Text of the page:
As we all hop on the technology bandwagon, this is an important lesson to remember.  Technology is an amazing resource that engages students and brings the whole world into view. But we also must remember that these are children with vast and differing backgrounds, interests and learning styles. As a teacher of teenagers I am also dealing with growing pains, love and hormones.

When I asked my students to find a question that Siri couldn't answer, I was expecting questions like "What is the meaning of life?" or "What will the world be like when I grow up?". Instead, my students asked "Siri, what is my shoe size?" or many of them just said "Hello Siri".  One student didn't complete my assignment at all, he was too busy looking at his reflection in his darkened iPad.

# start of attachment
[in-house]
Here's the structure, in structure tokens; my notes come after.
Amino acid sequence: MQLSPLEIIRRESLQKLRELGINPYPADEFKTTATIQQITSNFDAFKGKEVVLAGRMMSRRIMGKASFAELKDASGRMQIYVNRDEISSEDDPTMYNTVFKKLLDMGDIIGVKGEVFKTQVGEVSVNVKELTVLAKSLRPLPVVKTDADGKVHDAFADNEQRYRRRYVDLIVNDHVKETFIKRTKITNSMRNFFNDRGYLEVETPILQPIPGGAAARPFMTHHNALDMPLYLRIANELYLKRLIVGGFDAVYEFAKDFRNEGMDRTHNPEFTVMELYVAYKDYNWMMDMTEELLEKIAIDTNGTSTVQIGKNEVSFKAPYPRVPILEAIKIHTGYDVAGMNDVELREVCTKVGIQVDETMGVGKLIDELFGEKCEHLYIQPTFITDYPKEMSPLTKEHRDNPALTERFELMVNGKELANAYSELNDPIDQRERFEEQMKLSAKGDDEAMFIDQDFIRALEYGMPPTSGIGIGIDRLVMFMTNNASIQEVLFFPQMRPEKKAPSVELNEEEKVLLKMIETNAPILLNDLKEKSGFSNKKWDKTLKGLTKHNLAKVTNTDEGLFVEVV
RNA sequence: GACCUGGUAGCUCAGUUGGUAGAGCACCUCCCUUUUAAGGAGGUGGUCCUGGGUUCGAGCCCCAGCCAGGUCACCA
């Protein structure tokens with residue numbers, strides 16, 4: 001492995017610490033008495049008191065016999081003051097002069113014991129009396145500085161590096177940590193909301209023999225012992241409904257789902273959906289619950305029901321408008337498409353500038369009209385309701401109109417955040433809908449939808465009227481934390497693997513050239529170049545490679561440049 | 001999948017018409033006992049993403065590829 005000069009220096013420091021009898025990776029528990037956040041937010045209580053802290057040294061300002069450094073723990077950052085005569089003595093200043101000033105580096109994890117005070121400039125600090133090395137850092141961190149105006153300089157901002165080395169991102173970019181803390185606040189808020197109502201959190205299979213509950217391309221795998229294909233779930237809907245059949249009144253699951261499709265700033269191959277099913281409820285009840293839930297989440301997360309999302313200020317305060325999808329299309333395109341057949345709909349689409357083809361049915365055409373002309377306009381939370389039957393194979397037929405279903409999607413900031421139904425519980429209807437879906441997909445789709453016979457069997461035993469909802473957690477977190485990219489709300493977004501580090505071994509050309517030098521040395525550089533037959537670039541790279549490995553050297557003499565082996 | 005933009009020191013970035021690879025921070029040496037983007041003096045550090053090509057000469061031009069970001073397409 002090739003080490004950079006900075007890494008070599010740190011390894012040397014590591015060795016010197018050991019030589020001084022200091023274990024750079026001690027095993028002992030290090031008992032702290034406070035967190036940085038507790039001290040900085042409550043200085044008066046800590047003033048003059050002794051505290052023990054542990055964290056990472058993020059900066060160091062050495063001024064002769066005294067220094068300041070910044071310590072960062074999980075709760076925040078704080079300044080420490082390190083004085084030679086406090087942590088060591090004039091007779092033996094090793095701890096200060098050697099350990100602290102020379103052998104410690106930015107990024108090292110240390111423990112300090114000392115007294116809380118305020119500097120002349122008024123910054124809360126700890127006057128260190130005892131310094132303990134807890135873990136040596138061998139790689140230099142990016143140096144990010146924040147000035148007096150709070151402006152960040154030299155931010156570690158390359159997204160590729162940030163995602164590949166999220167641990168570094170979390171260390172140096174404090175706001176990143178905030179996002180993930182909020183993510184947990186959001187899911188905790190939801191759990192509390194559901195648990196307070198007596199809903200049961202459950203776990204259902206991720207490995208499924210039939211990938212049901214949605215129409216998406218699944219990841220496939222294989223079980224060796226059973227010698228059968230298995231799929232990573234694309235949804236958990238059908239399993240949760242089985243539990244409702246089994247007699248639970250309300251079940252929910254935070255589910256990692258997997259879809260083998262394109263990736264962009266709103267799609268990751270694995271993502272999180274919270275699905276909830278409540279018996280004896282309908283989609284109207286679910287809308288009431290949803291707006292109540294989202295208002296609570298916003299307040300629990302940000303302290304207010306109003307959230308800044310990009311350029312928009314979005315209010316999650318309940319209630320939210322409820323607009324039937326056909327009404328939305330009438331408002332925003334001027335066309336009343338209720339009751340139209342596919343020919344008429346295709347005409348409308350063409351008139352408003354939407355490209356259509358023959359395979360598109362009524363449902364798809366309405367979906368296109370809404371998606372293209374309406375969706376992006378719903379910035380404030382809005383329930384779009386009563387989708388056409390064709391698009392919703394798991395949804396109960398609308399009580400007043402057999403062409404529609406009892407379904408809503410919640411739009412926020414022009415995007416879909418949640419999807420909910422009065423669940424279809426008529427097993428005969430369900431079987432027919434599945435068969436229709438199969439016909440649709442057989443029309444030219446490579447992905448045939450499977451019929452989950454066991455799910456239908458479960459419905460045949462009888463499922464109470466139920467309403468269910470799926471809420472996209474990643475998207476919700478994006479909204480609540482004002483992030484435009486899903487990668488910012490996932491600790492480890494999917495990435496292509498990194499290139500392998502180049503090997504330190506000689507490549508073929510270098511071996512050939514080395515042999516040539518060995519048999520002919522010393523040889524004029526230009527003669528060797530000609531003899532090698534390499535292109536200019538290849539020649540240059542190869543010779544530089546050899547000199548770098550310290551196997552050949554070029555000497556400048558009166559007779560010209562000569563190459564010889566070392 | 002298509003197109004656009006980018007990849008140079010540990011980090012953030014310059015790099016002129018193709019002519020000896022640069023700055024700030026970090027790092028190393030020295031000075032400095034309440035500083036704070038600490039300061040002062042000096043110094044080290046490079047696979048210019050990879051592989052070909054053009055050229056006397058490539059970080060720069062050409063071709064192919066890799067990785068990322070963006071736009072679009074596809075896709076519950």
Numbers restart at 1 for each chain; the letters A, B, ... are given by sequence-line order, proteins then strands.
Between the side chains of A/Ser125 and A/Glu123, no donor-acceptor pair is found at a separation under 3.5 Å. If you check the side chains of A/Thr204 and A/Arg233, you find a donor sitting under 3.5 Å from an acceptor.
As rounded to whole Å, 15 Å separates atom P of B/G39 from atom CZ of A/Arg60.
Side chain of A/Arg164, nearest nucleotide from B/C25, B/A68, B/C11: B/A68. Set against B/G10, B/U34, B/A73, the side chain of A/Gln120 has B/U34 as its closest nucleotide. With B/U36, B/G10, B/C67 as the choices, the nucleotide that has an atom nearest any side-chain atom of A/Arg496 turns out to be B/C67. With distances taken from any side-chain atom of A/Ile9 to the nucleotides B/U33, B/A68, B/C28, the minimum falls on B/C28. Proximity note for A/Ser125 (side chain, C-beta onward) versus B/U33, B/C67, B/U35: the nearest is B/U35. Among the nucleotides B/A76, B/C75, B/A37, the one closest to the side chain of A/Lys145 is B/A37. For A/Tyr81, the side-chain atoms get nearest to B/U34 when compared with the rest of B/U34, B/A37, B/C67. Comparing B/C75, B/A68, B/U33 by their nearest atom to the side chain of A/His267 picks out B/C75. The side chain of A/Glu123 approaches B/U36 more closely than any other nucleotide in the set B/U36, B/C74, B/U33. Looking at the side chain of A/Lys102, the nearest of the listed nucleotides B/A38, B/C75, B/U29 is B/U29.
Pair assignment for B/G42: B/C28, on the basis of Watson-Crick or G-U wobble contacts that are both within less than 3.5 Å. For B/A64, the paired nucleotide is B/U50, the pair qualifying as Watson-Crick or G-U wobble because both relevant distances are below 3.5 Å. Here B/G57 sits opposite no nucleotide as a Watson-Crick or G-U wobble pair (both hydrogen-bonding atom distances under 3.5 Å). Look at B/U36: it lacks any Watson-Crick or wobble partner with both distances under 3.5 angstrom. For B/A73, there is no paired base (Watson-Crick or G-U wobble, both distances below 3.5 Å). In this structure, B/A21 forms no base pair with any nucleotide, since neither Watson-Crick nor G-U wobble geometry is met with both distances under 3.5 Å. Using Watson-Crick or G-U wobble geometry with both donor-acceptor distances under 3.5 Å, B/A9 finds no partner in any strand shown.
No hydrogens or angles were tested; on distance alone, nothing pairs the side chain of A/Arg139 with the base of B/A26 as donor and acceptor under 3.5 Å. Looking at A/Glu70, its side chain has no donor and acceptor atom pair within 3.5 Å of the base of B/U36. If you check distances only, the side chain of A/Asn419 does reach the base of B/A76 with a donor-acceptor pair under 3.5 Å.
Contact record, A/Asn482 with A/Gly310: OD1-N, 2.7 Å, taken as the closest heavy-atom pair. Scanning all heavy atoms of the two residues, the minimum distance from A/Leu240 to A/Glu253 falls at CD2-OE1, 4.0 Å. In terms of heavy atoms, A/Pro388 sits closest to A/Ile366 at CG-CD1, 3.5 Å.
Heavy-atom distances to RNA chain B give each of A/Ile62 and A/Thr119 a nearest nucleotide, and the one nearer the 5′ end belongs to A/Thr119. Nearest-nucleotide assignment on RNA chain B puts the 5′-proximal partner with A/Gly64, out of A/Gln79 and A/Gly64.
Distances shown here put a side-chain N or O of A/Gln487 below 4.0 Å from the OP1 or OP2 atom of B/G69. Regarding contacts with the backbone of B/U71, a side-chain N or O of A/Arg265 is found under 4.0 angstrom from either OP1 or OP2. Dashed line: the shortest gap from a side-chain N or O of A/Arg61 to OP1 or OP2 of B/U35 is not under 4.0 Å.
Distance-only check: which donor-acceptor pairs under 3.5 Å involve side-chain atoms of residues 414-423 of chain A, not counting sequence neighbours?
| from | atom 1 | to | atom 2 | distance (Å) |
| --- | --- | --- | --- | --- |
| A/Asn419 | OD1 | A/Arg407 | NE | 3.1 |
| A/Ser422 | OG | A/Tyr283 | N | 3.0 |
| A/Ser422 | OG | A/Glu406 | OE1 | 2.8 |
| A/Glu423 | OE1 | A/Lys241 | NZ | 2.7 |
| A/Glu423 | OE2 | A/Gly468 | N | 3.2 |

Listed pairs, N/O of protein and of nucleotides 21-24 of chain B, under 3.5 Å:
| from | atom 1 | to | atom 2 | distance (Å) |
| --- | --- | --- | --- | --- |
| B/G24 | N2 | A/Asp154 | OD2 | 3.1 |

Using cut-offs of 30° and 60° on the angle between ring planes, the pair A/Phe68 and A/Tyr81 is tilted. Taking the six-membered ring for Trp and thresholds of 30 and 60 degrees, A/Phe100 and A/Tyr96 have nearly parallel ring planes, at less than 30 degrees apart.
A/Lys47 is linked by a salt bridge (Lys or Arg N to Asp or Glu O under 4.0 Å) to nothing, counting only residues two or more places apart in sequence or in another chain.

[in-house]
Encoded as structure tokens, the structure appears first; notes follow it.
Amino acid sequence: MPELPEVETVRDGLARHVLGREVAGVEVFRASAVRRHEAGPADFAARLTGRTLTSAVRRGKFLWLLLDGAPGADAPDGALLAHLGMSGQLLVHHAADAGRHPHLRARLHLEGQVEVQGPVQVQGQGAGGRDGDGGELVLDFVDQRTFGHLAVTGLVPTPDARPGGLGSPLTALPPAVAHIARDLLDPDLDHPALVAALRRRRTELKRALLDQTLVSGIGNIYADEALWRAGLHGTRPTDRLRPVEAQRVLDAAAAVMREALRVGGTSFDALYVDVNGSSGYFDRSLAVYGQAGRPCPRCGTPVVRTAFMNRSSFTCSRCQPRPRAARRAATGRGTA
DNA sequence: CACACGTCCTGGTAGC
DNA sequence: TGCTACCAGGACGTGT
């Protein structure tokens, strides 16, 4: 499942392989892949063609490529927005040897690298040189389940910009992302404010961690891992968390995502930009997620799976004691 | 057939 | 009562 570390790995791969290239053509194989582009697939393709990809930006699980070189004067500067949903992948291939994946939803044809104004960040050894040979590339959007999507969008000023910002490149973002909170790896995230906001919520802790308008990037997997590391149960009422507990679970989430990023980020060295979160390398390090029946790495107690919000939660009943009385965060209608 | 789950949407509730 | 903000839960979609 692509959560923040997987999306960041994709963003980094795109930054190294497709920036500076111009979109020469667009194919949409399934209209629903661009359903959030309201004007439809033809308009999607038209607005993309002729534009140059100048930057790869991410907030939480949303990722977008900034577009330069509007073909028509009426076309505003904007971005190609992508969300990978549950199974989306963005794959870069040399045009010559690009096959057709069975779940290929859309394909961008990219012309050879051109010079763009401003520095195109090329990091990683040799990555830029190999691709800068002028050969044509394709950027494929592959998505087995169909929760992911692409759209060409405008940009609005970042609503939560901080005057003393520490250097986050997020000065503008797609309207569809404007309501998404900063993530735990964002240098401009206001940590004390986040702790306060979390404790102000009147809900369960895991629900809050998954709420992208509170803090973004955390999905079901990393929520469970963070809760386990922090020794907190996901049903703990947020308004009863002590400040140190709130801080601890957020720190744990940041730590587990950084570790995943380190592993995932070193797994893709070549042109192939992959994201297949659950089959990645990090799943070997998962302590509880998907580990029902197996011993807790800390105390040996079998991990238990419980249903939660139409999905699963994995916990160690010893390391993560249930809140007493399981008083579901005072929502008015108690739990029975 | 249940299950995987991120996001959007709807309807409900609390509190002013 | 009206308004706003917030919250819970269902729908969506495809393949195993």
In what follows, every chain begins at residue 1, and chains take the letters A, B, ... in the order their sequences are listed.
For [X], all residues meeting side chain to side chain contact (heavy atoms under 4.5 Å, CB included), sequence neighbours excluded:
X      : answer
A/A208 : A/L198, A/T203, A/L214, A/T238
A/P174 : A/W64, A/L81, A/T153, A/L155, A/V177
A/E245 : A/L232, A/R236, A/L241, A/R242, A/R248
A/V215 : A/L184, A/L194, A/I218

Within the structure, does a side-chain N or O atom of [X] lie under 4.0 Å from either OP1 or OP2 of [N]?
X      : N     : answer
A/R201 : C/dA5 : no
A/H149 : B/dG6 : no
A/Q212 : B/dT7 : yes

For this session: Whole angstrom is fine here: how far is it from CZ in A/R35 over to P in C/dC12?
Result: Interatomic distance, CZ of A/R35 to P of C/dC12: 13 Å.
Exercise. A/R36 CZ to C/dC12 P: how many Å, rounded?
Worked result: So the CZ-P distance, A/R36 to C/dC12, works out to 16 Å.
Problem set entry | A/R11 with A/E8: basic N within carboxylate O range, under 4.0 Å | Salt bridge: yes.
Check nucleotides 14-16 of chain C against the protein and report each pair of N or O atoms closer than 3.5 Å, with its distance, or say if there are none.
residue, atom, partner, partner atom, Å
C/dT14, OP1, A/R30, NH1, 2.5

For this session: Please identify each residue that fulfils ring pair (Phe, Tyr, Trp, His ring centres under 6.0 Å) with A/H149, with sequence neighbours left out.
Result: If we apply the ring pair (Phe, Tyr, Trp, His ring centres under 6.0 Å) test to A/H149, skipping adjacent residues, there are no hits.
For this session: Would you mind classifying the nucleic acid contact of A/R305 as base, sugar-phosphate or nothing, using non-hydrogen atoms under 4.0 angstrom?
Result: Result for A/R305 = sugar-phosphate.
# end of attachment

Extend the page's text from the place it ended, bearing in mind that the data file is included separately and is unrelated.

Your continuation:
Siri, like all technology is an amazing tool. It is up to the teachers to show our students the potential of these tools and themselves.

Your in all things techie,


Friday, January 15, 2016

There is always more......

Ten years ago, I didn't have an email, a smart phone, an iPad or a laptop.  Siblings and friends alike would mock my lack of digital prowess.  Fast forward and here is my first blog where I will write about the trials and tribulations of a "late to the party" techie.

The biggest thing I have learned is that there is always more.  That can be liberating and daunting at the same time.  The plethora of materials, advice, apps and web sites that are available is overwhelming especially for a newbie.  It wasn't long ago when I wasn't comfortable having more then one tab open.  Is there some unspoken language that lets some people know that three dots (...) means that if you click on it more options are available to you? Who knew? Most people under 25 years do.

So I leave you with this as I continue on this journey.  Tiny steps, great leaps and formidable disasters await.  I will keep you posted..unless I forget how to log back in.

Your in all things techie